I also really like the "system" you play but as I am in a fledgling partnership it is far too soon to ask partner to play something other than what he is familiar with. Give it a few months, and I will suggest it to him.

Use computer generated hands for practice and to figure out what works well. There are (free) dealing programs or you can make your own.

use BBO partnership Bidding and constrain the hands
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#27 User is offline   awm 

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Posted 2010-July-30, 15:53

In most of my 2/1 or SA-based partnerships I play 2 GF and 2 negative, much like Peachy described.

I will say that the more I play this style, the less happy I am with it. The problem is that auctions after 2 negative seem very bad. Some of the issues:

(1) 2NT is very non-forcing, so opener has to jump to 3NT with game-forcing balanced hands. This often misses a superior 4M game -- note that if you have a major suit fit it's usually BIG advantage to play in it here, since otherwise dummy will be entryless.

(2) You can't get out in 3m or in 3 (assuming those are forcing; I do know at least one person who thinks they should be NF but this creates substantial other issues which are potentially even worse). It seems like there should be a way to get out on these hands, especially because it is otherwise appealing to open 2 on one-suiters with a lot of playing strength (i.e. it's hard to show these hands in standard bidding after opening one and getting a 1/1 response).

It's true that 2 being GF helps you in some auctions, but something like 2 waiting with cheapest new suit=2nd negative and Kokish seems not to sacrifice much on the GF responder hands while being quite substantially better on the negatives.
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#28 User is offline   peachy 

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Posted 2010-July-30, 18:52

gurgistan, on Jul 30 2010, 10:20 AM, said:

peachy, on Jul 30 2010, 10:05 AM, said:

A direct 2NT response is usually very bad.

Experience is sadly something I do not have much of right now. Only 15 months playing bridge and 2 hands do not appear all that regularly. So it is nice to be told what to avoid.

I also really like the "system" you play but as I am in a fledgling partnership it is far too soon to ask partner to play something other than what he is familiar with. Give it a few months, and I will suggest it to him.

Sorry, didn't mean to overload. You can easily start with a simple plan for 2C openings, which is part of SAYC, while you and partner are getting your system worked on. Nice to have new players and new forum posters, welcome.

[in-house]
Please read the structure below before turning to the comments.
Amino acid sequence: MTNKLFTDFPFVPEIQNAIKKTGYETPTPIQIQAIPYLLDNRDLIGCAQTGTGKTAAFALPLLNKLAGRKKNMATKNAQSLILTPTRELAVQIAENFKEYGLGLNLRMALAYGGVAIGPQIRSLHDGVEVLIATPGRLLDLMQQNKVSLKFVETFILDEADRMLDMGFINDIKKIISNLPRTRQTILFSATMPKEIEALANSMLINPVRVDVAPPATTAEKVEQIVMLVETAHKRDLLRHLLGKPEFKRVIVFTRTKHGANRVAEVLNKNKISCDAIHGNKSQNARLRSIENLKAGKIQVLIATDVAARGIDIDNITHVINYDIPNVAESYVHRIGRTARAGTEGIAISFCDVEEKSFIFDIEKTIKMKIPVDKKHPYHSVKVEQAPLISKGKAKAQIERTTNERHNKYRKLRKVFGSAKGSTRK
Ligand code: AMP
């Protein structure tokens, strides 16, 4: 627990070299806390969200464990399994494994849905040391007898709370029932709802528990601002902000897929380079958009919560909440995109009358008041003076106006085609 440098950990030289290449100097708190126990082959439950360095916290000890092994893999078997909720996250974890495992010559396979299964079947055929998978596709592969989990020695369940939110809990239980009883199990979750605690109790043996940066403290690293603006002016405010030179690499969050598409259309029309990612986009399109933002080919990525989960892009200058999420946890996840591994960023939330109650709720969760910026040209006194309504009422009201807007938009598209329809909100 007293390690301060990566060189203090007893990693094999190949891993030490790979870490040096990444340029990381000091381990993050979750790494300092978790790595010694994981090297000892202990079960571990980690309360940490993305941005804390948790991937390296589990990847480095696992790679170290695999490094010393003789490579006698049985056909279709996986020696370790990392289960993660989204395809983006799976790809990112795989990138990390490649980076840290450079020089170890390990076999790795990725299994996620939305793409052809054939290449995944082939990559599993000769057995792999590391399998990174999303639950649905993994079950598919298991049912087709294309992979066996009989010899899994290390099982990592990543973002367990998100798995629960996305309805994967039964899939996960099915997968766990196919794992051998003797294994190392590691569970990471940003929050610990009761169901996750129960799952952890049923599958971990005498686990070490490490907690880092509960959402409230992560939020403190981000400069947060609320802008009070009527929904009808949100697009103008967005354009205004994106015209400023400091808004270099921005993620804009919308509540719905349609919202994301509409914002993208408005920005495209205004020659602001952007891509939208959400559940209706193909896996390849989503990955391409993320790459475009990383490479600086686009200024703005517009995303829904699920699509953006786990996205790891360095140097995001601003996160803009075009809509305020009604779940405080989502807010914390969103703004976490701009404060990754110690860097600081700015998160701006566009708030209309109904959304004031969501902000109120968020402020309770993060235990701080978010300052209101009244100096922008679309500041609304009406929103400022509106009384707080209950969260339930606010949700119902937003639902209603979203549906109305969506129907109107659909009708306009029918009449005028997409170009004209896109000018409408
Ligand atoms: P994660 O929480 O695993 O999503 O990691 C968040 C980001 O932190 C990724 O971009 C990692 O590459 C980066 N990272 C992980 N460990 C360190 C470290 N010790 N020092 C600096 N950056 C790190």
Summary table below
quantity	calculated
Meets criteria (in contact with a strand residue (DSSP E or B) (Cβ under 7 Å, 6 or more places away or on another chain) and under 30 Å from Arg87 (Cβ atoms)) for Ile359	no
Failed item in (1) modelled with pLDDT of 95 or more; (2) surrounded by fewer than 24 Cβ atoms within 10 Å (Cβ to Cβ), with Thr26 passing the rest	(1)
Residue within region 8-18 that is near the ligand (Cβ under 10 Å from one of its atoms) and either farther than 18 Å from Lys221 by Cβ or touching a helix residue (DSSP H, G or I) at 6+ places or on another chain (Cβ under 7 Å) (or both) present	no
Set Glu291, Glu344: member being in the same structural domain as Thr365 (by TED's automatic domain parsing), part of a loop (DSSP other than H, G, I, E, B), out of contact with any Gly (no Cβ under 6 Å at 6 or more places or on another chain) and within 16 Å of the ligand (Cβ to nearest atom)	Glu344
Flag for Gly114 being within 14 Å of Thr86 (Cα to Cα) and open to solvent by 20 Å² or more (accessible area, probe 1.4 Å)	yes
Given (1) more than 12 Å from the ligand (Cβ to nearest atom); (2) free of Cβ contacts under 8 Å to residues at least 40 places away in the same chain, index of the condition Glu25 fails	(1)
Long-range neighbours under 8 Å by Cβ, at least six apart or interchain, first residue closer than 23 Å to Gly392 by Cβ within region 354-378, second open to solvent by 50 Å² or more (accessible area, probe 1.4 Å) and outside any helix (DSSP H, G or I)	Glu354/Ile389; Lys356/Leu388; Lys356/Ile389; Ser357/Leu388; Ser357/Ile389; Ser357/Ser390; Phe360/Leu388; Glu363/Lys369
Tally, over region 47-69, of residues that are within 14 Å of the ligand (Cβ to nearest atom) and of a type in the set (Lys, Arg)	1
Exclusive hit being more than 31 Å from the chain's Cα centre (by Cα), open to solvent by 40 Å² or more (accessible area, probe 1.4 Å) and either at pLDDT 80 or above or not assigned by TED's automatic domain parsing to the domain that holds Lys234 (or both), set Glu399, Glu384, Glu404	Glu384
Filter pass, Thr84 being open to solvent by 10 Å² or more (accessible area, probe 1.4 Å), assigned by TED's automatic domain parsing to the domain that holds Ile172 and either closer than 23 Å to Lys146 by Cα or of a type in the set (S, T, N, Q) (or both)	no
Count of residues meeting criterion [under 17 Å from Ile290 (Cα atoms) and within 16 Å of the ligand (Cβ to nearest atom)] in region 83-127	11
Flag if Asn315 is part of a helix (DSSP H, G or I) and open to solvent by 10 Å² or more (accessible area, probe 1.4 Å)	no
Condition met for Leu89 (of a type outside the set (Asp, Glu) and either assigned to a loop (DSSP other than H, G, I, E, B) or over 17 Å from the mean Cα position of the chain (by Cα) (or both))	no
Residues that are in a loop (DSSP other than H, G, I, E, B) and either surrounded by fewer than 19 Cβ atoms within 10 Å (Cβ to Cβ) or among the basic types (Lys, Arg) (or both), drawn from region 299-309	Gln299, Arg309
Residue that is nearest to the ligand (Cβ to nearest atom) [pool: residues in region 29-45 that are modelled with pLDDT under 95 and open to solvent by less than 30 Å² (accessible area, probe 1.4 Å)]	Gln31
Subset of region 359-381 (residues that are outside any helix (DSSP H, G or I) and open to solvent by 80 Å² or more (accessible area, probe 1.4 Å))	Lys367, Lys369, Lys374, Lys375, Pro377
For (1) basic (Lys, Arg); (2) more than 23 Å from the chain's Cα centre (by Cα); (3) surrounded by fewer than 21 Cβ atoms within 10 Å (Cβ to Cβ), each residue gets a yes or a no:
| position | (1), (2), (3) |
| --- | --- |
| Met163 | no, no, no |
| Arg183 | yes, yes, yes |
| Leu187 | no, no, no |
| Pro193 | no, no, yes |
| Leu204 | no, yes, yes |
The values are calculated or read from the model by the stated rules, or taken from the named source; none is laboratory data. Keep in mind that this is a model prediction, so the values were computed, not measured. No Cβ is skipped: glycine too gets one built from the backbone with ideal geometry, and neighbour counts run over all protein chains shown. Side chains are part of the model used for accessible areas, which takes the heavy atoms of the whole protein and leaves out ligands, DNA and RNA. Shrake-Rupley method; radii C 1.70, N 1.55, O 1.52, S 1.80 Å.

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#29 User is offline   cherdanno 

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Posted 2010-July-30, 19:34

It's completely playable to just play 2 as game-forcing (except for a 2NT rebid) and just accept the occasional loss when that is too high. It is very rare that you can stop below game anyway.
In fact, just something like 2 = waiting, rest = natural with a reason to bid (6-card suit or 5/5) works good enough. Showing suits can work wonders! And agree a precise range for the direct 2NT response.
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#30 User is offline   the hog 

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Posted 2010-July-30, 19:57

I like the system played by Seres and Cummings. It is old now, but still has some good ideas imo.
2D = GF
2H = neg
2S = bal gf or 3 suiters
2NT = semi pos 2 suited hand
3C = semi pos in D
3D = semi pos in H
3H = semi pos in S
3S = semi pos in C

A semi pos was a hand with 2 of the top 4 hons, and nothing much outside.
They had all sorts of continuations if the transfer into the semi pos was accepted, but you can design your own to suit the level of complexity you want.
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#31 User is offline   mike777 

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Posted 2010-July-30, 20:30

As others have mentioned this is really the least very leastof issues at bridge...focus on defense...declarer play. etc///etc///


--------------------------------


after 2h=negative....deny a or k but unlimited tiny points.....responder just strains to rebid....not really that much of an issue at the table.

In fact now you can cuebid Q's.

Keep in mind we assume the opp are silent
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#32 User is offline   kenrexford 

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Posted 2010-August-03, 16:37

nigel_k, on Jul 29 2010, 10:47 PM, said:

I really try to avoid opening 2 with 5431 and similar shapes and will usually have either balanced, big one suiter, or big two suiter. So it's better to leave space for opener to show their suit(s) since you won't often be playing in responder's suit. Therefore 2 waiting is preferable.

Note that you can respond 2 with some hearts and a few values since this doesn't obstruct any intended rebid by opener and also means 3 can be negative/waiting if opener rebids 3.

Responses above 2 should be very closely defined and therefore fairly rare IMO. They should also be transfers to prevent wrongsiding.

It's a pity Ken Rexford isn't around at the moment as he wrote a book on this subject.

Thanks for the plug!

I did in fact release through Master Point Press an ebook, also now available in print form, of two new books, one on a canape system and one about a two-way structure for standard or 2/1 GF players to improve strain issues with two strong openings.

The two-way structure (2 or 2 as strong forcing openings, artificial) helps tremendously with strain problems. 5431's, for example, are not a problem.